*This post may contain affiliate links, which means if you click through and make a purchase I may receive a commission at no cost to you. Please read my disclosure for more info.
Last Updated on by Noni May
There are two big challenges that define how well a business does. The first is getting it running and starting to make money. But out of these two challenges, that’s the easiest. After you start running, you have to see if the business has real legs. Scaling and growing the business is how you see whether you’re able to deal with long-term success. But it’s not about jumping straight into a much bigger world. You need to scale selectively to make sure it’s safe. Here’s how.
This is essential, but it’s a step that surprises a lot of the unprepared. Most businesses that don’t scale effectively fail to do so because they run out of money on the way. Give your assets a proper account and see if you can’t look into acquiring any more funding for the expansion.
Scaling a business also means you’re likely going to have a lot more business processes to deal with. Your administrative systems will have more of a burden. You might have to move onto a proper IT system. You might think this means you’re going to have to bring in a whole slew of employees. However, a more cost-effective way to ensure you’re ready for the workload is to give it to someone else instead. Business processes are commonly outsourced, so don’t fear passing the buck occasionally.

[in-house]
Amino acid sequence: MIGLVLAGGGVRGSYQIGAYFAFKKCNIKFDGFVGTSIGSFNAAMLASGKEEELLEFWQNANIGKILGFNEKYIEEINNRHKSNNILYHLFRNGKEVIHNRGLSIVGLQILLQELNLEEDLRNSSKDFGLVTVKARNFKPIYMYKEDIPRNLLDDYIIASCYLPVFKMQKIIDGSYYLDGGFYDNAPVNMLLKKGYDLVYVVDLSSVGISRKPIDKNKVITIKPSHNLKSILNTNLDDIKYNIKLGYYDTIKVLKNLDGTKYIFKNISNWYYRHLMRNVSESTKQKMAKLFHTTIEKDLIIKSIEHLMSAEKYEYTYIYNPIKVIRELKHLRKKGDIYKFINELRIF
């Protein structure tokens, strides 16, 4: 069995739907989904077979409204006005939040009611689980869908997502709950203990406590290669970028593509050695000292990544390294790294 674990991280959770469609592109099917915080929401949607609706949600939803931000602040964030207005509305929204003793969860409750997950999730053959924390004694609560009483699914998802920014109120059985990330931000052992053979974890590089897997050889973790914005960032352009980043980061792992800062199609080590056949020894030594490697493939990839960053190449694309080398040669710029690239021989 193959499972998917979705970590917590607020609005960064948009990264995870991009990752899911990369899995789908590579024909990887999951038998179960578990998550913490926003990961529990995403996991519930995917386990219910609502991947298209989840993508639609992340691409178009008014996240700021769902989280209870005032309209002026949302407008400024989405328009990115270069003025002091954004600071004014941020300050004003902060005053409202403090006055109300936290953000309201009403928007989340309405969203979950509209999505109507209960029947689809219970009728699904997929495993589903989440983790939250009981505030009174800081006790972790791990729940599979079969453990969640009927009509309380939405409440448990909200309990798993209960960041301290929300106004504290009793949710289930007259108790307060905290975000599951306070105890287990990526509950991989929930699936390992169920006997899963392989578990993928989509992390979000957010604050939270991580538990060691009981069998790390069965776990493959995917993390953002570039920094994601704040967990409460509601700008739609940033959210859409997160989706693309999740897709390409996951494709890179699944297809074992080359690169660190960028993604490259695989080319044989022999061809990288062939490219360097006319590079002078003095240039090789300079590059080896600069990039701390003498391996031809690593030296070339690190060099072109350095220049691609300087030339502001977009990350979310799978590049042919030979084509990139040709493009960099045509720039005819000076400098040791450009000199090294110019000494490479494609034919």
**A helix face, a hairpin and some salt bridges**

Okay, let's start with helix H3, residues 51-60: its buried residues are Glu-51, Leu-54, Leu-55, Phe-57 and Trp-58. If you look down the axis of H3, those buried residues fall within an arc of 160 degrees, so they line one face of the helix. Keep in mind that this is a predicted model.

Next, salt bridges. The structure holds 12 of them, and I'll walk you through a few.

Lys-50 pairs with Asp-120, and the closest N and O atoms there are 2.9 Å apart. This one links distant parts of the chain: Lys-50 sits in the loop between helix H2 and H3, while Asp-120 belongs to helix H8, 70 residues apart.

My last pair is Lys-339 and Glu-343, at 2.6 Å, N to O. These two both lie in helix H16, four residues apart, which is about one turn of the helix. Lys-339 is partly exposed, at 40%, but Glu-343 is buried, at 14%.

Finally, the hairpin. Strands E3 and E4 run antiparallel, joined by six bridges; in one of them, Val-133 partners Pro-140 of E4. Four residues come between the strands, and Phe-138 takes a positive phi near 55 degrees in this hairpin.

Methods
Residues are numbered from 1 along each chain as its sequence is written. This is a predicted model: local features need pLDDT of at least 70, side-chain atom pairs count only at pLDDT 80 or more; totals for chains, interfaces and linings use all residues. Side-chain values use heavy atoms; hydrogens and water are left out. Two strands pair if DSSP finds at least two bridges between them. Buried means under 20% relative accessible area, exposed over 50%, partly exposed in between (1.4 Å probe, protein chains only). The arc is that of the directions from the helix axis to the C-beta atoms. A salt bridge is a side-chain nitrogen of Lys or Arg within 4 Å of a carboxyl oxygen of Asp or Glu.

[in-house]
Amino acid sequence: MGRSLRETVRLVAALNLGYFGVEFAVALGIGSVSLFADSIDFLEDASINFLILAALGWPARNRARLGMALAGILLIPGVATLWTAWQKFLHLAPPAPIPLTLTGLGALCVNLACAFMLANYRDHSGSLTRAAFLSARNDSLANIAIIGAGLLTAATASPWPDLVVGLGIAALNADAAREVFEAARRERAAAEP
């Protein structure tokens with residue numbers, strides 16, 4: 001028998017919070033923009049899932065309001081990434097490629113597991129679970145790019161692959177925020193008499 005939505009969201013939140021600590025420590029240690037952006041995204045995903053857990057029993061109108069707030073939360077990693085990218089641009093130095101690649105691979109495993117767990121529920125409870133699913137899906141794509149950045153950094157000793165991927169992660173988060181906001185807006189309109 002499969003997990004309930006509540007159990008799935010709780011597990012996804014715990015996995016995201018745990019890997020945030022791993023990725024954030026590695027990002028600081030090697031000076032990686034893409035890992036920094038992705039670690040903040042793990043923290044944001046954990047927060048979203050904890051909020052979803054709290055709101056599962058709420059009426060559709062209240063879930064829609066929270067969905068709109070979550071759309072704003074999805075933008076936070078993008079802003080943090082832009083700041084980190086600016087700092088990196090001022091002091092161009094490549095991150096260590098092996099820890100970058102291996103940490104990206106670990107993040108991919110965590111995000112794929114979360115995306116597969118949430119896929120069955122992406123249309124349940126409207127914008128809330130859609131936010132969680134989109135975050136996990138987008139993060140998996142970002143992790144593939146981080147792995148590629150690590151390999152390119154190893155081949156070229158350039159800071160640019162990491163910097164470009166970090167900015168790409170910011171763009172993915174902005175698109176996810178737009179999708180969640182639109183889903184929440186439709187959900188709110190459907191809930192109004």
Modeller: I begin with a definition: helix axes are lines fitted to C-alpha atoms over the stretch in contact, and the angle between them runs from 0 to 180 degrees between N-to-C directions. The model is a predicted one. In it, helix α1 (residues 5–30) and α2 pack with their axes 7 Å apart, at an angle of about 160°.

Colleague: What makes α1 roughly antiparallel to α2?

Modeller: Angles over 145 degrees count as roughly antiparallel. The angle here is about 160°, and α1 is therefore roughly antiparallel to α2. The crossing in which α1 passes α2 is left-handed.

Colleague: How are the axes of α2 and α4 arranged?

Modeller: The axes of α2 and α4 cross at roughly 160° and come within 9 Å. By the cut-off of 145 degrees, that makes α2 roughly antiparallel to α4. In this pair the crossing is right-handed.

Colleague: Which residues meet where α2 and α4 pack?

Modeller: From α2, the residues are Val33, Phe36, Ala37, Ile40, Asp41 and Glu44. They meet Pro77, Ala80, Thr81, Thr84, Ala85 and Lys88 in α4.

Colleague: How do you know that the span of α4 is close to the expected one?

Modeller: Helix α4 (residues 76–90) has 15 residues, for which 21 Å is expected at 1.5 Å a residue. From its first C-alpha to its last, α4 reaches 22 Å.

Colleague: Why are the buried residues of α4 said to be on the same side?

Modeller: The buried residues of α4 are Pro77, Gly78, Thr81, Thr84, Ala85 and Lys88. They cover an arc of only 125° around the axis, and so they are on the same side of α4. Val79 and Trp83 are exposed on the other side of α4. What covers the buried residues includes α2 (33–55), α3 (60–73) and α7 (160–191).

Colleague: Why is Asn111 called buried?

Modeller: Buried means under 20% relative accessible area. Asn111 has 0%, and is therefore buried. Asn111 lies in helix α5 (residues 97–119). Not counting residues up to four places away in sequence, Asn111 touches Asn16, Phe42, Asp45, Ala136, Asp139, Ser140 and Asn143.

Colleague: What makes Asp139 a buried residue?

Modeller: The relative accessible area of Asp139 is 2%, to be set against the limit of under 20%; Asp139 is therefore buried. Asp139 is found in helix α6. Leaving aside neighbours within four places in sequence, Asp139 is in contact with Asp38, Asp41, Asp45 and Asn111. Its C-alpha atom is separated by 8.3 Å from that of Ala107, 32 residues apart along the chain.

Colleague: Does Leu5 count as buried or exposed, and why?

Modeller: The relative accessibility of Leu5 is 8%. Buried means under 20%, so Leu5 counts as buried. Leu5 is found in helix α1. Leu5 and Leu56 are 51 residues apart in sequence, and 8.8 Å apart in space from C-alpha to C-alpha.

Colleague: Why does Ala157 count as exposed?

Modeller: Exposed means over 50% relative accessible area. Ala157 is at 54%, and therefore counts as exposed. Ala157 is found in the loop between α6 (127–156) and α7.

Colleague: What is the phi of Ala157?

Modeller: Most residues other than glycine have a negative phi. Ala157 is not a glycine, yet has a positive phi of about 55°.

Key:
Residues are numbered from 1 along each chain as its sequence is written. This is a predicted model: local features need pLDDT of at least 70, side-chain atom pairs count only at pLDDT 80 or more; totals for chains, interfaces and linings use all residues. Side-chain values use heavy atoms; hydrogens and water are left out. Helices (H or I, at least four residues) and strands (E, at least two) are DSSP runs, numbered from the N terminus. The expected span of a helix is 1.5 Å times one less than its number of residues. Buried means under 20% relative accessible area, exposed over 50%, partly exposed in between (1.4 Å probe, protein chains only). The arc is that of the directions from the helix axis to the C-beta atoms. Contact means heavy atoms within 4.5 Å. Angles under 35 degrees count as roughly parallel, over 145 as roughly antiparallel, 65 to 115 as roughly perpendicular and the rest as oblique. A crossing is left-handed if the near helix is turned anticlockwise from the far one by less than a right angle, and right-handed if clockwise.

That said, there are going to be positions you need to keep in the business, which means hiring more people. You might also have to buy more equipment, which means you’re likely to need more space as well. However, that doesn’t mean you have to go full tilt with the huge investment that is a new property. To keep the business running while you get to that stage, you could instead look into rental options like Guardian Business Center.
Your team is going to be undergoing a lot of changes. For the people that have been there since before the scale, that can be a scary experience. Change brings about suspicions that they might be one of the things being changed out. It’s important to assure them and keep them happy with the new demands. Get them on your side, understanding that the extra push right now will pay off for all of you.
With that extra strain, you need to be extra sensitive as to how it’s affecting the productivity of the workplace. Put into place simple processes of measuring productivity, from the amount of time it takes to do a task and what tasks people do in a day. Make it clear that it’s not out of suspicion of employee failure, but a necessary check to see if any extra steps need to be taken to improve their ability to stay productive.
Scale your business in a way that you’re sure you’ll be able to support. Hopefully, as your success continues, you can go all the way and take more direct responsibility. But you need to get to that stage first.